The Wildlife Regulation bans the import, sale or possession of scent lures sold for the hunting of cervids that contain animal bodily fluids or tissues because these could introduce disease agents to Yukon locations, including CWD prions.
The regulation also bans the import or possession of the whole carcass or any part of a cervid that has been killed or has died outside of Yukon, with the exception of certain body parts including edible meat. Cervids harvested in NWT or the two most northerly hunting zones in BC are also exempt.
There are many micro-organisms in the environment that can cause disease in humans. Hunters and trappers should be aware of a disease called tularemia that is caused by bacteria found in contaminated surface water. It can also be acquired by the handling of hares, beavers, muskrats and some other mammals. Tularemia is usually transmitted by contact with infected animals or their immediate environment. This means:
- being bitten or licked by the animals,
- handling or cleaning the animal,
- breathing in air or dust contaminated with the bacteria, or
- eating or drinking contaminated food or water.
While cases of this disease are not common in Yukon, they can be serious. Cleanliness is important, as is protection from exposure to the animal's blood and other body fluids. Protect yourself by wearing gloves while skinning and gutting the animal. Afterward, thoroughly wash your hands with soap and hot water. If animal fluids splash in your eyes, flush thoroughly with clean water. Make sure the meat is cooked thoroughly, and avoid skinning or handling any animal that appeared ill.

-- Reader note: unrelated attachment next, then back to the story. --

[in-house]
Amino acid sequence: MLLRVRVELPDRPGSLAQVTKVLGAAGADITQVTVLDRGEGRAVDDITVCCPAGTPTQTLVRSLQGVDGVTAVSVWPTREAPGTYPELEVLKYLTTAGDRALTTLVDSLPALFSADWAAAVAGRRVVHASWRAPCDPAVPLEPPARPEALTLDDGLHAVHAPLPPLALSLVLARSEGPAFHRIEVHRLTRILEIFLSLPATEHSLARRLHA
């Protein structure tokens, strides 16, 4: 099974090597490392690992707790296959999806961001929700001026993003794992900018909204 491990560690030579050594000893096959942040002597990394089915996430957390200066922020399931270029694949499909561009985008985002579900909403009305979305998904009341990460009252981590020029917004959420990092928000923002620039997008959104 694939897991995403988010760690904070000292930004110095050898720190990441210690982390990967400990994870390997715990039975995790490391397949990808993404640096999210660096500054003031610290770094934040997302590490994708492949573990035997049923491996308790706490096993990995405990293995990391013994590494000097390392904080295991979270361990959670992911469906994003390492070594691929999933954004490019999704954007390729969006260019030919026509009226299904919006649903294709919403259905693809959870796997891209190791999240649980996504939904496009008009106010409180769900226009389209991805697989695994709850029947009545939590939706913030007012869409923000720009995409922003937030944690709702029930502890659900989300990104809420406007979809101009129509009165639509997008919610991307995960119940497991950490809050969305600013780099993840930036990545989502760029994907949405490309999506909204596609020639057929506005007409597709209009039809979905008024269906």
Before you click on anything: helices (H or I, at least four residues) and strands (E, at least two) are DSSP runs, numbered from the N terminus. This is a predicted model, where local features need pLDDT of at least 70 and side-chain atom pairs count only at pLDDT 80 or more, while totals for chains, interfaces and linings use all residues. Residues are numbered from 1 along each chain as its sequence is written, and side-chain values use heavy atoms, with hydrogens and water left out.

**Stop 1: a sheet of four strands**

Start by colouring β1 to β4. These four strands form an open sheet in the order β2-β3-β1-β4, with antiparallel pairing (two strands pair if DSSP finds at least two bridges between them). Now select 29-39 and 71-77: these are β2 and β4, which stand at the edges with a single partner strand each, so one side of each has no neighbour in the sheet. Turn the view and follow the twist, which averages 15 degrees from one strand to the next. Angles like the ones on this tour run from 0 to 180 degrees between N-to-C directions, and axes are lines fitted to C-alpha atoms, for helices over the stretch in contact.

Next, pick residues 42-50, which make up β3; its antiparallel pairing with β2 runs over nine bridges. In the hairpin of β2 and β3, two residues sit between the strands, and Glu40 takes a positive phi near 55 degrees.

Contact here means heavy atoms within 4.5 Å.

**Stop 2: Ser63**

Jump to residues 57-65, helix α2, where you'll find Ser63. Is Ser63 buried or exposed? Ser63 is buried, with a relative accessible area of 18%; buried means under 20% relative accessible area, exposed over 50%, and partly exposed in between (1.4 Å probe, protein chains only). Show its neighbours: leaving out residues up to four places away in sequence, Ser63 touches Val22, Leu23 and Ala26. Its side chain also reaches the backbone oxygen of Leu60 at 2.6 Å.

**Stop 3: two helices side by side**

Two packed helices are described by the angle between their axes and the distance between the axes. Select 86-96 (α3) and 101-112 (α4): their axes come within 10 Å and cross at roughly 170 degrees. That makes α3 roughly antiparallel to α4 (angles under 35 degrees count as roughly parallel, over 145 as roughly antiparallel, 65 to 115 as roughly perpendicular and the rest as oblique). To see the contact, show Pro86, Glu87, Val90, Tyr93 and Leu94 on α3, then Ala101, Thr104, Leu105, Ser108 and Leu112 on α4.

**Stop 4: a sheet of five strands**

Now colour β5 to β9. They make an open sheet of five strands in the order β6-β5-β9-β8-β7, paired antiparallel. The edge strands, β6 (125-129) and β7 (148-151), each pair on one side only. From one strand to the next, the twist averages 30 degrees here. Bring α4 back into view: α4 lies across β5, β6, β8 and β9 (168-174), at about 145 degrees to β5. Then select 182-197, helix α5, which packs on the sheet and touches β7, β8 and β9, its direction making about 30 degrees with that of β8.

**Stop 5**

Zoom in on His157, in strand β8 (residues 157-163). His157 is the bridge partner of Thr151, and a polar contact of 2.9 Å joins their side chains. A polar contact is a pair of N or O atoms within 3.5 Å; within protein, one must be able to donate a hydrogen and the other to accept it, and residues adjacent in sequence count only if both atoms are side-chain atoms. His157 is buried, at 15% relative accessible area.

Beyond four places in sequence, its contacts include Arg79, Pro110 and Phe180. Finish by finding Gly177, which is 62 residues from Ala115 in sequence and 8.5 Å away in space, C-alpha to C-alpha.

Anyone with symptoms such as fever, swollen glands, or rash after handling wildlife should consult their doctor and let him or her know what animal you have been exposed to.
Hantavirus is found most commonly in deer mice but could also be present in other rodent species. The virus is transmitted to humans through airborne particles or through water contaminated with feces, urine, saliva or blood. Hantavirus starts with flu-like symptoms including sore muscles, fever, headaches, shortness of breath and nausea. The disease has a 60 per cent mortality rate.
Here are a few precautions you can take when you open up your trapping cabins in the fall and clean out the mouse droppings:
- Wear rubber gloves when cleaning or handling used traps or their contents.
- Disinfect everything with mild bleach or disinfectant. Apply with a spray mister to keep down the dust and any contaminated particles.
- For extra protection when cleaning or handling contaminated materials, wear a mask with a high efficiency particulate air (HEPA) filter.